How to Grow and Care for Spider Plants

Spider plants produce a rosette of long, thin, arched foliage that is solid green or variegated with white. .

How to Grow New Spider Plants from Cuttings

Here's what you need to grow new plants from spider plant cuttings: 1 Clippers or scissors 2 Shallow container with water (clear is preferable to monitor growth) 3 Patience 4 (Eventually) Potting soil.#1 Using sharp, clean scissors or clippers remove all the babies from the mother plant by clipping the stolon.For now, we put all the babies into this unused ice cube tray (above) we found on top of the refrigerator in the office kitchen.#4 We suspected the mother plant had been in its container for many years so we also gave mama some love.#5 This is the mother spider plant after careful but vigorous pruning and removal of old potting soil that clung to her roots.#6 We've prepared a new container, this one has drainage, for the pruned mother spider plant. .

Spider Plant Care: Water, Light, and Soil

Spider plants enjoy a warm, humid environment and bright indirect light — like in a bathroom.The spider plant (Chlorophytum comosum) may have a name that scares you away, but this popular houseplant is one of the easiest to care for.Their beautifully hanging fronds, star-shaped blooms, pet-friendliness, and low-maintenance needs make it a great choice for any plant lover.Lindsay Pangborn, a gardening expert at Bloomscape, shares her best tips on how to care for your spider plant and keep it thriving.This houseplant is best placed in a hanging basket or on a high sill or shelf that allows its foliage to cascade.As a good rule of thumb, water your spider plant once a week, but adjust if needed.While spider plants tend to survive in less than ideal conditions, root rot via overwatering can be the leading cause of death."If you notice browning leaf tips, it can be from letting the plant get too dry between waterings," says Pangborn.Follow the label instructions and adjust the frequency depending on the growth and health of your spider plant.If your spider plant is lush and is throwing out plenty of offspring, you may want to limit your fertilizer frequency.A warm and humid environment like that of a bathroom is ideal for spider plants, especially in temperatures between 70 and 90 degrees Fahrenheit."This is why allowing the soil volume to dry out about 50% between waterings is essential to your spider plant's health."."To propagate, cut off the small plant from the mother and place the bottom end in a glass of water.Snip the tips of the roots to encourage growth and repot each plant with fresh soil and water regularly.If you're looking for a houseplant known for its adaptability, resilience, unique look, and pet friendliness, the spider plant is your best choice.With a simple watering schedule and enjoyable propagation methods, spider plants can be the only creepy crawlers you invite into your home. .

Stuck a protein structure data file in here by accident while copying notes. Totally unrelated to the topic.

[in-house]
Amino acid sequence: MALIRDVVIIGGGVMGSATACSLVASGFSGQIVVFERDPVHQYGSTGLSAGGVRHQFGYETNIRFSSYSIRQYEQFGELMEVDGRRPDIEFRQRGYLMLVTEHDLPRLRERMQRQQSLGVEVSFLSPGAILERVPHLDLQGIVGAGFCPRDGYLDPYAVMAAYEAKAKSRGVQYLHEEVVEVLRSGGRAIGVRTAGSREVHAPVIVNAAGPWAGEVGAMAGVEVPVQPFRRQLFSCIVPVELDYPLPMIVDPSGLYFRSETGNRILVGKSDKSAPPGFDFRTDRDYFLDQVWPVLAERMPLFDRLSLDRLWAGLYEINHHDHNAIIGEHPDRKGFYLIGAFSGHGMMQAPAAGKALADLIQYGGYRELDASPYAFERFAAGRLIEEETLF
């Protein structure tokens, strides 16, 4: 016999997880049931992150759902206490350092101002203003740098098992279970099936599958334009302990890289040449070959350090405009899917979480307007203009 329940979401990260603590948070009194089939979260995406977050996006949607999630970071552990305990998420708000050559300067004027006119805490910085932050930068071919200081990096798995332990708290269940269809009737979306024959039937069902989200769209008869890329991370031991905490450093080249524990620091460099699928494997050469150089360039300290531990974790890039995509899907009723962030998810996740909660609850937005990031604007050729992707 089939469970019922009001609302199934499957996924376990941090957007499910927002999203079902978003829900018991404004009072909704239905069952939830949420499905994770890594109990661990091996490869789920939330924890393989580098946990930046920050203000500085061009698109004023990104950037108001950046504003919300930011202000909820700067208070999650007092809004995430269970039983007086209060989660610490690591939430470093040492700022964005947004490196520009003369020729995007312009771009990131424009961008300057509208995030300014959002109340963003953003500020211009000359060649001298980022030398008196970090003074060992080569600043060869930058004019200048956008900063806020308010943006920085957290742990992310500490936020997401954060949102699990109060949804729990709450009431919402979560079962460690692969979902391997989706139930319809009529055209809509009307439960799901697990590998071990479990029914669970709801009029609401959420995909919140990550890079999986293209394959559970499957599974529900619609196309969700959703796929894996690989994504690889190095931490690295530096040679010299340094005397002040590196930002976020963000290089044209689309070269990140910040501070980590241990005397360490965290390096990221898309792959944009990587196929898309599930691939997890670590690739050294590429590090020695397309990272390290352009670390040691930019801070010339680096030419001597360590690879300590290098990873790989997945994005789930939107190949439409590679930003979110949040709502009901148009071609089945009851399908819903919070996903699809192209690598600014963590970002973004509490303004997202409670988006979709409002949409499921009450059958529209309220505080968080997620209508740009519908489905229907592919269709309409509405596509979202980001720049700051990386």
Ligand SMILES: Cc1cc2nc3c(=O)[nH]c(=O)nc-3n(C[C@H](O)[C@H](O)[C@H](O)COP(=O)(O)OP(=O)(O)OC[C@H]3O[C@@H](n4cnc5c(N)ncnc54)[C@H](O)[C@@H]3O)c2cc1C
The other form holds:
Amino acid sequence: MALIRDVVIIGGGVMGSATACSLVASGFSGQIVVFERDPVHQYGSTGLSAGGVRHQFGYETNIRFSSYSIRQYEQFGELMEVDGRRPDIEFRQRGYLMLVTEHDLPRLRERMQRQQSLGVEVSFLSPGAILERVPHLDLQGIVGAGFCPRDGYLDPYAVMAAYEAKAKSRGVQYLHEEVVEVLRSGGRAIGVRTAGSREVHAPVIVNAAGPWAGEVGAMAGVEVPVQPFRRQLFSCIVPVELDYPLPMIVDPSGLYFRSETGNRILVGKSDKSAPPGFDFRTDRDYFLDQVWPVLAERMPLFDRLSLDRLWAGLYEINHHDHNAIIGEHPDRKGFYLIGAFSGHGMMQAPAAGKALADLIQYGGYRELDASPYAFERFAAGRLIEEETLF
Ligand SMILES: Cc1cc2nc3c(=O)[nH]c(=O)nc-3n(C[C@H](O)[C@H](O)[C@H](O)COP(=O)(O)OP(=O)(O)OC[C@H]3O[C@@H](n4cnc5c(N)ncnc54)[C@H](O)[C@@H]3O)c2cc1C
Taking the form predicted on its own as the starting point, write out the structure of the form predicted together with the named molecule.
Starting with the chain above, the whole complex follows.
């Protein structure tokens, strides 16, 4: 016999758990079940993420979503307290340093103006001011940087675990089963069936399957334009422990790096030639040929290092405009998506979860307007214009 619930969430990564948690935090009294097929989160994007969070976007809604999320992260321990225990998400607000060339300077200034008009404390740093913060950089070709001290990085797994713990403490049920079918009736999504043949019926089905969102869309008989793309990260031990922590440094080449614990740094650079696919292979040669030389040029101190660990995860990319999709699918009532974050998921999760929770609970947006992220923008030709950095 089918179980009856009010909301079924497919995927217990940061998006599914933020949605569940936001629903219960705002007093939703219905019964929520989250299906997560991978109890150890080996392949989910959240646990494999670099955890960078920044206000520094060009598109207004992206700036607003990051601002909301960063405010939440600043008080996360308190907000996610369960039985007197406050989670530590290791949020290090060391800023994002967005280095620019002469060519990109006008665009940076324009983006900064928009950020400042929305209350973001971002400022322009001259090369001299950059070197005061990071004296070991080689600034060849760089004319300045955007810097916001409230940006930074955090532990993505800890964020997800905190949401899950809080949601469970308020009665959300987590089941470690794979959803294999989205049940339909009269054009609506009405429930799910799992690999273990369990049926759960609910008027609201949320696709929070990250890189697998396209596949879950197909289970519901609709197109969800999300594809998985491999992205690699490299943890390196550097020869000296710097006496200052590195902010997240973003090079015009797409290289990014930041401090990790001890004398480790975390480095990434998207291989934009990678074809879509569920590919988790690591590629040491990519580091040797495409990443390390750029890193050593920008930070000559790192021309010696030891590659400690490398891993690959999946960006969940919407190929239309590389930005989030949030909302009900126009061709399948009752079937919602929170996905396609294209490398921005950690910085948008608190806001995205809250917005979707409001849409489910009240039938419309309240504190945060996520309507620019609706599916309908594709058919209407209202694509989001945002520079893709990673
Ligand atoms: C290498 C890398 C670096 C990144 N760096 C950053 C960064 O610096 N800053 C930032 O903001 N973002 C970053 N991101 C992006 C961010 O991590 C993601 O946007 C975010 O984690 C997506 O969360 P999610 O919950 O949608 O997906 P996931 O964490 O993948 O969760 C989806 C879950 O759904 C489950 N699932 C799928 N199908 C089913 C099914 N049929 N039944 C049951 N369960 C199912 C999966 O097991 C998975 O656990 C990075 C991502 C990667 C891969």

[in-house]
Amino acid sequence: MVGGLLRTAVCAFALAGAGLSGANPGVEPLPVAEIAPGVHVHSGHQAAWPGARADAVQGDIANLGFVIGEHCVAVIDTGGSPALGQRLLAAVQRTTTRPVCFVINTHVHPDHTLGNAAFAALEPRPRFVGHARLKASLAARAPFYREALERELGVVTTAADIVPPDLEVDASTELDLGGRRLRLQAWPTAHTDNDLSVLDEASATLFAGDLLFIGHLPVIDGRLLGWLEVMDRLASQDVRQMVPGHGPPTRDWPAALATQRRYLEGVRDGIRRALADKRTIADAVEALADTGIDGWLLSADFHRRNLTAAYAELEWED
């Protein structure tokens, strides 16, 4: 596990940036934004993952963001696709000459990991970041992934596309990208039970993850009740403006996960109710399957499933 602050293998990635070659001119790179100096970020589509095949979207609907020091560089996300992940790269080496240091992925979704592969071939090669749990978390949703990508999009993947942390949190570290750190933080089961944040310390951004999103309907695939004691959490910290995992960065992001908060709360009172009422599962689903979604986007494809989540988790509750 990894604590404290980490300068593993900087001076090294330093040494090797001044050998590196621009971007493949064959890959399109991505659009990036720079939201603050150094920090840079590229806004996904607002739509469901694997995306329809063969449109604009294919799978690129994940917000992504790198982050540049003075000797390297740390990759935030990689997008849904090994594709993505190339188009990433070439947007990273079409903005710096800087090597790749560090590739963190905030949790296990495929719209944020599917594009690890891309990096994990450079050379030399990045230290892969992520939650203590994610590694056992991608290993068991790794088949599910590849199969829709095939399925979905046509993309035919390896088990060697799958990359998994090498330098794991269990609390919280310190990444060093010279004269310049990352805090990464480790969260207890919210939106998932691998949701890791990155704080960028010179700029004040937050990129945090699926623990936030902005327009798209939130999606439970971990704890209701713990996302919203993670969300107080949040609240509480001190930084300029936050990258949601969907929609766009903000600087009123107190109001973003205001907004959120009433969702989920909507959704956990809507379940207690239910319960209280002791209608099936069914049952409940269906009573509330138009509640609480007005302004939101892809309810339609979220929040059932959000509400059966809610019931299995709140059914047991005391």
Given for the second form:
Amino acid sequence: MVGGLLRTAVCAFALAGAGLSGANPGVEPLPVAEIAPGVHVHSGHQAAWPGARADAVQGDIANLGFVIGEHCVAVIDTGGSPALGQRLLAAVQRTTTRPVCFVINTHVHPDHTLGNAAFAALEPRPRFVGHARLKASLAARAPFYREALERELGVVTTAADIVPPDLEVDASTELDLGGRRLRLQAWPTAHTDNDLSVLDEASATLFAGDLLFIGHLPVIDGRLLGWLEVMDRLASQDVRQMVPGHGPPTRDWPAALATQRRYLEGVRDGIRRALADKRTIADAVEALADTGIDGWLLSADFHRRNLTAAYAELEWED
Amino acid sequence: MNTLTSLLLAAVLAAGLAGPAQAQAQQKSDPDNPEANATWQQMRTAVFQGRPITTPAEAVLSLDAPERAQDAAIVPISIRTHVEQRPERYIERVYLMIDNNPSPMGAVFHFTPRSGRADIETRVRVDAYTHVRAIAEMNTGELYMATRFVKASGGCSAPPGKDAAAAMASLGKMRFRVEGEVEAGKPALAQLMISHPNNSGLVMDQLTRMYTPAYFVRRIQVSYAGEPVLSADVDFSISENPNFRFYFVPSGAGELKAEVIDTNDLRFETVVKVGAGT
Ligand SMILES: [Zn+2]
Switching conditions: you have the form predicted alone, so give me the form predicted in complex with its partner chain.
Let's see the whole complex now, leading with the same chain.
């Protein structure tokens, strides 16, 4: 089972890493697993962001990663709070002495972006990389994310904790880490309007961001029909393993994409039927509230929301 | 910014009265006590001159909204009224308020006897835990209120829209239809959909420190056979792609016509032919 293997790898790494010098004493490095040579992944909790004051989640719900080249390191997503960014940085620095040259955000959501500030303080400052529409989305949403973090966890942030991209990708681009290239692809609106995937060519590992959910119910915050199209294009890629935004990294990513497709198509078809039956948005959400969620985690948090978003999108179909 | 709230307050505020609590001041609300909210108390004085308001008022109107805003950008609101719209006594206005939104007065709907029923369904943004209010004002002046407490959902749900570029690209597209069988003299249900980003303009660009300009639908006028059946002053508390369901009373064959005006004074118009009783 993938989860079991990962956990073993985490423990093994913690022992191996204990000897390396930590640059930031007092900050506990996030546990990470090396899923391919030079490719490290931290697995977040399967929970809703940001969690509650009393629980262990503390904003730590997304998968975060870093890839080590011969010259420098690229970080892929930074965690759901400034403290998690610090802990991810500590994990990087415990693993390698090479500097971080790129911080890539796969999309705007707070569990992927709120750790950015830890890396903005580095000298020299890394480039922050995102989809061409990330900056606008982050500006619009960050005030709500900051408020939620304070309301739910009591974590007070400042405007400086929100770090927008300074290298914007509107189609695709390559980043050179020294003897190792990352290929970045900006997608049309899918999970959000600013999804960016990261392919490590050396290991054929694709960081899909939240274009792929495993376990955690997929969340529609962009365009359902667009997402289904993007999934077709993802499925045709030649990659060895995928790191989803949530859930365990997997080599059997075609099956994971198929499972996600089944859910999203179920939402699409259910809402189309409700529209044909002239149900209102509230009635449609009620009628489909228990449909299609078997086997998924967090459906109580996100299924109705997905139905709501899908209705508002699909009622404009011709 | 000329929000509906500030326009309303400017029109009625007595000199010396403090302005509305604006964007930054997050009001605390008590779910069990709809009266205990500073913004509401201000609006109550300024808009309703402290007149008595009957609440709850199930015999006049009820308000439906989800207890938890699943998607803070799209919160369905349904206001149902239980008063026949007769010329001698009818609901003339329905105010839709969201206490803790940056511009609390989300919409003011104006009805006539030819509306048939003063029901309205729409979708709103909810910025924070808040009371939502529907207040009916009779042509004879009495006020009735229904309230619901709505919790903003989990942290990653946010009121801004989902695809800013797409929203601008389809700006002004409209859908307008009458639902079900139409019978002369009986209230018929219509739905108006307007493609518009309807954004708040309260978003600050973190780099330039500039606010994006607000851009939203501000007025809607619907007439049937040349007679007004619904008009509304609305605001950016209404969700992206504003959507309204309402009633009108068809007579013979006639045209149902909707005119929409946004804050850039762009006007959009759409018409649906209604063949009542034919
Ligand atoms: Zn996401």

How to Grow and Care for Spider Plants

I remember going to her home, where I would gaze up at this houseplant hanging from the ceiling, bathed in afternoon light, and admire the seemingly countless masses of little spider babies cascading down from it.I’m going to guide you through the best care tips for this lovely and easygoing foliage plant, so you can keep yours happy and healthy, and help it grow into a houseplant worthy of admiration.Chlorophytum comosum, more commonly known as “spider plant,” is an herbaceous tropical evergreen perennial enjoyed for its abundant foliage and ability to produce masses of plantlets.Long stalks grow in the midst of its leaves, on which it produces small, white, star-shaped flowers, as well as tiny offsets or “spiderettes,” as its vegetative babies are called.Spider ivy can grow and nourish multitudes of these babies without seeming worse for wear.In its native habitat, it has adapted to a diverse range of locations – growing on cliffs, in river valleys, and in flat thickets – as well as in a variety of different soil types and water conditions.With a glance at its grass-like growth habit, you would probably have a hard time guessing that C. comosum is related to a common garden veggie – asparagus.The latter is also known as Liriope, and members of this genus bear a strong family resemblance to the subject of this article.Other members of the same genus including C.

laxum and C. viridescens are also commonly called “spider plants.”.Swedish naturalist Carl Thunberg was the first European known to collect this species in the wild, and he gave it its scientific name in 1794.The German writer and poet Goethe reportedly had a specimen of his own and shared its offsets with his friends.The Nguni people, who live primarily in South Africa, use it medicinally, administering it to new mothers and young infants in particular.While its grass-like, extremely fibrous foliage can be eaten, the real edible interest of C.